Its election year and financial prudence will take a back seat, the government has to prove to the people that it has their interest at heart and so the Budget is likely to be populist; with sops for farmers, the middle-class, and small businesses.
The income tax exemption could be raised to 4 lakhs and the 80C limit hiked to 2 lakhs. After the re-introduction of Long-Term Capital Gains Tax last year, this could appease the salaried middle-class.
Shibu Paul, Regional Sales Director-APAC, Array Networks
"From this year's budget we are expecting reduced duties on IT networking products. There should be a strong domestic manufacturing policy favouring global companies to invest more in India. The budget should reassess the preferential market access policy and ensure that honest tax paying citizens are given privilege and preference."
M A Mannan, Country Manager – SAARC, Corsair
"With the implementation of the GST, the industry has flourished a lot; there has been a complete full stop for grey channel market or grey imports. The government is committed to the growth of manufacturing sector and the strides made by 'Digital India', 'Make in India' initiatives. This evolving aspect of the IT industry brings in immense business opportunities, but requires a special attention for its optimal utilization. So, to further encourage the electronics manufacturers and take these initiatives to next level government should roll out new schemes and incentives.
Also, with the fast paced developments in the IT industry, changing consumer buying patterns, variable GST rates for the various sub-parts in consumer goods, the industry is going through a demand-supply-cost gap. Hence, to address these challenges, the current 18% GST bracket can be brought down to 4-8%, which will help the IT industry as well as the consumers."
Rajendra Chitale, CFO - Crayon Software Experts India
"With initiatives like 'Digital India', 'Make in India' and 'Personal Data Protection Bills', Government has certainly put India on a Digital Innovation fast track. With Budget 2019, we require government to create policy frameworks that incentivize big businesses to invest in manufacturing locally in India. Further, we would also expect the Government to remove the day-today hurdles and obstacles faced in implementation of these initiatives.
With the changes in technology - pure play software licenses are being replaced by a bundled package - Azure, Amazon web services, etc. (Together referred to as "Cloud Services"). However, the concept largely remains the same - Resellers are not making any changes to these bundled packages and the margins are also very low. Would urge the Government to come out with specific notification to extend the scope of the term "Software" as defined under NOTIFICATION No. 21/2012 [F. No. 142/10/2012-SO(TPL)] S. O. 1323(E), DATED 13-6-2012.”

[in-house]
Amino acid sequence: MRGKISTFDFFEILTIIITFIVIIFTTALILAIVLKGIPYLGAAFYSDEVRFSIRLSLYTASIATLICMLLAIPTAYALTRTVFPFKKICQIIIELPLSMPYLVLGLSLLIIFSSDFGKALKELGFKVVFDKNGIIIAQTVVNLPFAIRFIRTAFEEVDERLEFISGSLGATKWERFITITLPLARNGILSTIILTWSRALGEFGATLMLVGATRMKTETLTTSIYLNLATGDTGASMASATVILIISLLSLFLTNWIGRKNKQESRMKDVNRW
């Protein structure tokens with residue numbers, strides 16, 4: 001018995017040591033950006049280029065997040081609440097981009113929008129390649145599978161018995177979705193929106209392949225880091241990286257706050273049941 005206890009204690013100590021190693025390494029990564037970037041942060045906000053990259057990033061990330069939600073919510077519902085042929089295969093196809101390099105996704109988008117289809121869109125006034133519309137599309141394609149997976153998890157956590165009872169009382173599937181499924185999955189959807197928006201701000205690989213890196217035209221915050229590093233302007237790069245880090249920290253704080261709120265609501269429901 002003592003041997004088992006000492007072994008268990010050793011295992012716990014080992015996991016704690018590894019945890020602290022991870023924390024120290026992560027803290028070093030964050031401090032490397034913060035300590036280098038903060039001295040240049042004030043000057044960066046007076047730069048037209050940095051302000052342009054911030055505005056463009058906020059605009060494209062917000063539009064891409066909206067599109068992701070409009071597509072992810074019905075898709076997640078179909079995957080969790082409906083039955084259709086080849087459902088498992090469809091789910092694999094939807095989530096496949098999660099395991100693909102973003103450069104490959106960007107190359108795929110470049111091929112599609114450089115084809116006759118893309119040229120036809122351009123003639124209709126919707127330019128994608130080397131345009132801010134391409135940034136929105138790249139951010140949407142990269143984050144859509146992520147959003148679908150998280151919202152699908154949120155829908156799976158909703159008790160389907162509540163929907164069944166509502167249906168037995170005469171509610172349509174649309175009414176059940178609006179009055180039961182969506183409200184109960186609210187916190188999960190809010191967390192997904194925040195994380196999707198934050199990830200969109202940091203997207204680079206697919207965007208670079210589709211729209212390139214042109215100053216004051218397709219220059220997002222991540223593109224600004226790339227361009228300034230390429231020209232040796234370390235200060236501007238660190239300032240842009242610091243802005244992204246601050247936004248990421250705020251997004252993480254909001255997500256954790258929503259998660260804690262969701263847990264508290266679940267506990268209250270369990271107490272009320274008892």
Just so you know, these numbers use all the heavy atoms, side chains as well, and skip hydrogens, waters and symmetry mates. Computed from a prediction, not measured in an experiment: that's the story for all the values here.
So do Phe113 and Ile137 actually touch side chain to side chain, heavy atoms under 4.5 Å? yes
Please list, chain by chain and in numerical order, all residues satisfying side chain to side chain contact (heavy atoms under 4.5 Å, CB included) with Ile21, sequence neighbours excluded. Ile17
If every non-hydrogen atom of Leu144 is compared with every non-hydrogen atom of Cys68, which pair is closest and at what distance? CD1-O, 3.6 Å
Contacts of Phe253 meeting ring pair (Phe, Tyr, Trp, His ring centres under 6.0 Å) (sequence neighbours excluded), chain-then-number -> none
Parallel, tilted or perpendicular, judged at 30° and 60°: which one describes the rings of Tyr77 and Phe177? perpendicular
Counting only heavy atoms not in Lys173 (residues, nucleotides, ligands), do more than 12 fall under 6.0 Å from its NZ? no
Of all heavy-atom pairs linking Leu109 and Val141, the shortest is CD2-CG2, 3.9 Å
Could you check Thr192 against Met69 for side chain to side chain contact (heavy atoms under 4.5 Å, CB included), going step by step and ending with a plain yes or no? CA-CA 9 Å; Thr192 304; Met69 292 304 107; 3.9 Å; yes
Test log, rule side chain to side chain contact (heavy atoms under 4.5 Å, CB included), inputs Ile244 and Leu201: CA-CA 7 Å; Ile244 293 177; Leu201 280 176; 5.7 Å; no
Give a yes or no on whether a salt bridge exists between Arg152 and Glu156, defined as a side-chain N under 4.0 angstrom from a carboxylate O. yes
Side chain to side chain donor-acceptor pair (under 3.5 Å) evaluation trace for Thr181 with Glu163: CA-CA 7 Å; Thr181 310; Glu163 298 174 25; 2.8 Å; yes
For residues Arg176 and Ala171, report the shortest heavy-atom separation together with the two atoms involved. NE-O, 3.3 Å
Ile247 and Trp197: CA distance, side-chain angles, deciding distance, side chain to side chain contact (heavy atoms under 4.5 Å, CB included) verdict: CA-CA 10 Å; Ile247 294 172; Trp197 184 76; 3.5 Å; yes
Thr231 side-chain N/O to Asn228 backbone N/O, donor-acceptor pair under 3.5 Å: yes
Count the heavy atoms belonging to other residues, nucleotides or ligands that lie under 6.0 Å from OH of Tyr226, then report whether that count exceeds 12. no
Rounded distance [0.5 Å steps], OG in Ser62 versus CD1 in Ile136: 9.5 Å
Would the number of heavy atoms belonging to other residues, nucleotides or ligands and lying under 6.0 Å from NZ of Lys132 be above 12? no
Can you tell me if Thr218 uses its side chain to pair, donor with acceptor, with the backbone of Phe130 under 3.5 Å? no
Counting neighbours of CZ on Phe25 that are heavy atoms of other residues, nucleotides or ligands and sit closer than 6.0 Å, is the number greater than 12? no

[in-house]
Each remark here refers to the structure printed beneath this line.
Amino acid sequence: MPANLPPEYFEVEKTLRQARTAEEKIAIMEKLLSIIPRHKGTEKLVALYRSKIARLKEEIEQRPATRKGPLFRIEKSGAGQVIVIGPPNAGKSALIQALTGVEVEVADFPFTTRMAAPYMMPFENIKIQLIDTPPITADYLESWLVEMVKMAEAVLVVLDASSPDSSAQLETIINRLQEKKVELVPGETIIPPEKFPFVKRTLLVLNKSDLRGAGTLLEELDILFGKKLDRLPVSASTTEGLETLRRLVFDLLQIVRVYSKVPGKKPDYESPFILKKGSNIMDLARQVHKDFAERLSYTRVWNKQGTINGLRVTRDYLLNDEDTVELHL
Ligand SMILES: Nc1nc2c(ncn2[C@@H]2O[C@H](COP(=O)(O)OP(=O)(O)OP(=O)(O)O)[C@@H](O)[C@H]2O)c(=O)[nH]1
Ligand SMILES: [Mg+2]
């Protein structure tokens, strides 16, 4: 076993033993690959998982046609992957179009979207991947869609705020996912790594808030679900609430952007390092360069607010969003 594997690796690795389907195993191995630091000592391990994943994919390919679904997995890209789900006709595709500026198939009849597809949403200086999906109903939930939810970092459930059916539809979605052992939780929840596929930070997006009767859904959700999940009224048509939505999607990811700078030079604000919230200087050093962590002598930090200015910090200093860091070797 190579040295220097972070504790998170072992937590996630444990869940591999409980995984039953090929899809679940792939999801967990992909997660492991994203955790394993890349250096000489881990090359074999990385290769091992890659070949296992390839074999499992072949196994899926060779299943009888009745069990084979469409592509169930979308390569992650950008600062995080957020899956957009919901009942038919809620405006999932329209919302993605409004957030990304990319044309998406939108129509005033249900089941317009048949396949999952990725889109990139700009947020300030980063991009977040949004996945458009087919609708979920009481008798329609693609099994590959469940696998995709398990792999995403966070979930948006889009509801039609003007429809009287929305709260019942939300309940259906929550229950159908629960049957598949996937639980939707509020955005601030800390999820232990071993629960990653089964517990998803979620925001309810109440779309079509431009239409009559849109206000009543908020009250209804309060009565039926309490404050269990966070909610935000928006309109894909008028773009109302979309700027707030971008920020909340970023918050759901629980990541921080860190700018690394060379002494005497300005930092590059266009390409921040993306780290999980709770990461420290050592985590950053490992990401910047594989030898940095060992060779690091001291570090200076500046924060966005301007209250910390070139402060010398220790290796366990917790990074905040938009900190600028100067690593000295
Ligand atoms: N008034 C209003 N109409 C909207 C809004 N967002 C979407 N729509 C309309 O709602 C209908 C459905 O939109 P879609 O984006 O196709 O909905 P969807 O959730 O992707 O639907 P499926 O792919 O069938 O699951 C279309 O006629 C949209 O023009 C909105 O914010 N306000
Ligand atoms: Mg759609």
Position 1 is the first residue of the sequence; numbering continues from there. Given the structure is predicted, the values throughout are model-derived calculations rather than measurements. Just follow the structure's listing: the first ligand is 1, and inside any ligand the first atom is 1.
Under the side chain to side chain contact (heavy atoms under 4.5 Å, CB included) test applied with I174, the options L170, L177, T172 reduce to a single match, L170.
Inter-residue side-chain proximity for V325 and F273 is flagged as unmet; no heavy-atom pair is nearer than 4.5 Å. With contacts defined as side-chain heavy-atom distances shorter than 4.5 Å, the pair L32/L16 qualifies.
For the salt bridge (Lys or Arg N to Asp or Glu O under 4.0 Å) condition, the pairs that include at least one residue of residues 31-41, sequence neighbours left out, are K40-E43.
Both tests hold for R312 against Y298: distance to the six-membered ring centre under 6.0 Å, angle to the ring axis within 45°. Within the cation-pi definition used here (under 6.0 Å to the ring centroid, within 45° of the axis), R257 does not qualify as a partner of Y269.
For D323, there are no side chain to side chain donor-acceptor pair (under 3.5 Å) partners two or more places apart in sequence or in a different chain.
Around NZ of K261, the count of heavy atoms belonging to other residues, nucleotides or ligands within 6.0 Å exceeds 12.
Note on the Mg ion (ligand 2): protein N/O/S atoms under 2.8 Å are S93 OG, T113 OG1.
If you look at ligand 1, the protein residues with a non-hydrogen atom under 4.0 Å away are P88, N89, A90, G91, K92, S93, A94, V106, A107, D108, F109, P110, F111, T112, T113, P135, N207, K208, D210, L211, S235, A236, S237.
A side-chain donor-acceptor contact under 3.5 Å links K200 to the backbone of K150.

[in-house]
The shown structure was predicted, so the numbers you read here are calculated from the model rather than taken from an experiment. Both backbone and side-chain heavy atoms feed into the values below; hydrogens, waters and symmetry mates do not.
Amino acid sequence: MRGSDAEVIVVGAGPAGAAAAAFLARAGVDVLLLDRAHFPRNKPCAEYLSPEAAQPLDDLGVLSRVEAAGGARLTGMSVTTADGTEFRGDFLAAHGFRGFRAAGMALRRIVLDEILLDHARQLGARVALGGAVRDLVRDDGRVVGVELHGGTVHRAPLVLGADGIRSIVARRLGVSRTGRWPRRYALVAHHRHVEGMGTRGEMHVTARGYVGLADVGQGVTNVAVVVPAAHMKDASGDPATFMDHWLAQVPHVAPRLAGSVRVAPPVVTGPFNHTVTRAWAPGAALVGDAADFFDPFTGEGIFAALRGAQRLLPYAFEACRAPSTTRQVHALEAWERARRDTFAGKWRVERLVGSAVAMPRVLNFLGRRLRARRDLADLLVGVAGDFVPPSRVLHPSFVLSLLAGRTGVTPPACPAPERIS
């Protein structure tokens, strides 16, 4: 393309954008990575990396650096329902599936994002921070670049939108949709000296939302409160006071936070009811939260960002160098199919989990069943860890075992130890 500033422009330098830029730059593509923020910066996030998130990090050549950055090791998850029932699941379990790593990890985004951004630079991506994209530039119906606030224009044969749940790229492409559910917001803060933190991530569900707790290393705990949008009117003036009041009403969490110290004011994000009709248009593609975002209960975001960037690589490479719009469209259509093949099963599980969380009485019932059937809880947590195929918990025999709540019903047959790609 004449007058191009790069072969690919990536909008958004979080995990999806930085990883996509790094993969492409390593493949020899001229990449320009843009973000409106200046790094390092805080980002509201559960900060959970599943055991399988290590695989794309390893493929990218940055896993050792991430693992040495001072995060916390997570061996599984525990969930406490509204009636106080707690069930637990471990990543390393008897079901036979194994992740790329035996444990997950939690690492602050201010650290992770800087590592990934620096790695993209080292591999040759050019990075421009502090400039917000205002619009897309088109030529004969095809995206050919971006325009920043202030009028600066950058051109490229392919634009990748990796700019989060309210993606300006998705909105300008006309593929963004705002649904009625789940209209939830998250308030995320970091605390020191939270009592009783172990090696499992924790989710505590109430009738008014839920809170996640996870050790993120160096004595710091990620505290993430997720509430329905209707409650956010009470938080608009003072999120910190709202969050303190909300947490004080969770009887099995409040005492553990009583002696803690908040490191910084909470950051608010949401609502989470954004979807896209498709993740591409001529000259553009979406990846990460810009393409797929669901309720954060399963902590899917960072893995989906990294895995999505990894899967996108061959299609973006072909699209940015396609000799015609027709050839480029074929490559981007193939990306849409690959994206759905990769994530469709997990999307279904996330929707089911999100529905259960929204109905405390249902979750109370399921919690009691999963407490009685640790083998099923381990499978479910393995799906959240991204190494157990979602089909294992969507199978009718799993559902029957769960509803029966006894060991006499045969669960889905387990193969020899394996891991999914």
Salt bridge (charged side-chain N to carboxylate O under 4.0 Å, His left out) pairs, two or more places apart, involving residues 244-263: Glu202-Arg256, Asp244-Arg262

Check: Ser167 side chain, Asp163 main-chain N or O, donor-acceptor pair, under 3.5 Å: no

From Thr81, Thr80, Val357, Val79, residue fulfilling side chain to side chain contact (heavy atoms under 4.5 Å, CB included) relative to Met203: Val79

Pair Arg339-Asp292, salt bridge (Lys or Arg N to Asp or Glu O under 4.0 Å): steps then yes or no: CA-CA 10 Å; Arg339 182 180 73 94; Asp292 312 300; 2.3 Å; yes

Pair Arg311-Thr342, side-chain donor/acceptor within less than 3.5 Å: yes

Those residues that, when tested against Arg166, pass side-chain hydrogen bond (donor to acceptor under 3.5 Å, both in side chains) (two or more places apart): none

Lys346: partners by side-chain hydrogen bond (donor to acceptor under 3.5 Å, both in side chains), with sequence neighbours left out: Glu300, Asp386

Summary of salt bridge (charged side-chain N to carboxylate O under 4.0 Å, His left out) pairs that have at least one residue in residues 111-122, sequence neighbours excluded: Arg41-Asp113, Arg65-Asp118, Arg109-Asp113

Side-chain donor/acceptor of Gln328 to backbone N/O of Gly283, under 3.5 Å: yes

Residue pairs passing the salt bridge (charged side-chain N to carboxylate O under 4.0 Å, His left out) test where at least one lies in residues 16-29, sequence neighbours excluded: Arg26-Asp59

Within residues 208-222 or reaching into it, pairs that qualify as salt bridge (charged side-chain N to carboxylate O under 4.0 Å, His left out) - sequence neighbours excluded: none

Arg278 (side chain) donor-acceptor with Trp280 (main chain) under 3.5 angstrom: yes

Sonit Jain, CEO - GajShield Infotech
"We would like the budget this year to give a strong push to Make In India which may include larger tax exemption limit for employees working in companies which are manufacturing products locally in India. A strong push towards rural e-infrastructure with added emphasis on security compliance and data protection would be beneficial. Implementing zero GST set-off for companies using SaaS application hosted outside India will enforce companies to setup data centers in India thus boosting jobs as well as infrastructure. Incentives should be given for making digital payments for the additional transparency they provide. This year's budget should promote companies manufacturing IT products locally by giving them added advantage like tax exemption or incentive on IT exports."
Krishna Raj Sharma, Director & CEO - iValue InfoSolutions
"It's exciting times doing business in India, which clipped China recently as the fastest growing large economy in the world. It is also set to surpass UK and become the 4th largest in size during the year. Digital and Digital Transformation (DX) are the buzz word across the state and central government and corporate across size and vertical for some time now. Data has indeed become the most valuable IP for both government and corporate for targeted programs with higher impact, faster results and efficient growth.
Recent policy initiatives such as GSTN and IBC have enhanced confidence of investors and helped in increasing the ease of doing business. Projects like Digital India and Make in India have promoted manufacturing activities leading to employment creation. Software and Service continue to lead Indian IT focusing on emerging technologies such as Hybrid Cloud, Analytics, IoT, Mobility leveraging on social media. 100+ Smart city initiatives are expected to transform Indian cities with plenty of business opportunity across spectrum.”
Rajaram Vidyavar, Director-Commercial - NetRack Enclosures
"Budget 2018 elevated country as a hub for ease of doing business. Also, the recent announcement of new SOPS for MSME sector that involves less and easy steps to access credit will surely boost the Indian MSME sector.
The government is all set for Union Budget 2019 and there are lots of expectations from this session. We would like this budget to provide directions to key decisions expected to take place in IT and Manufacturing sectors. The industry is also anticipating revised schemes which will boost the 'Make in India' and 'Digital India' initiatives. Tax deductions on locally manufactured products and special packages for Indian manufacturing hubs will surely achieve zero imports by 2020, hence boosting Indian economy."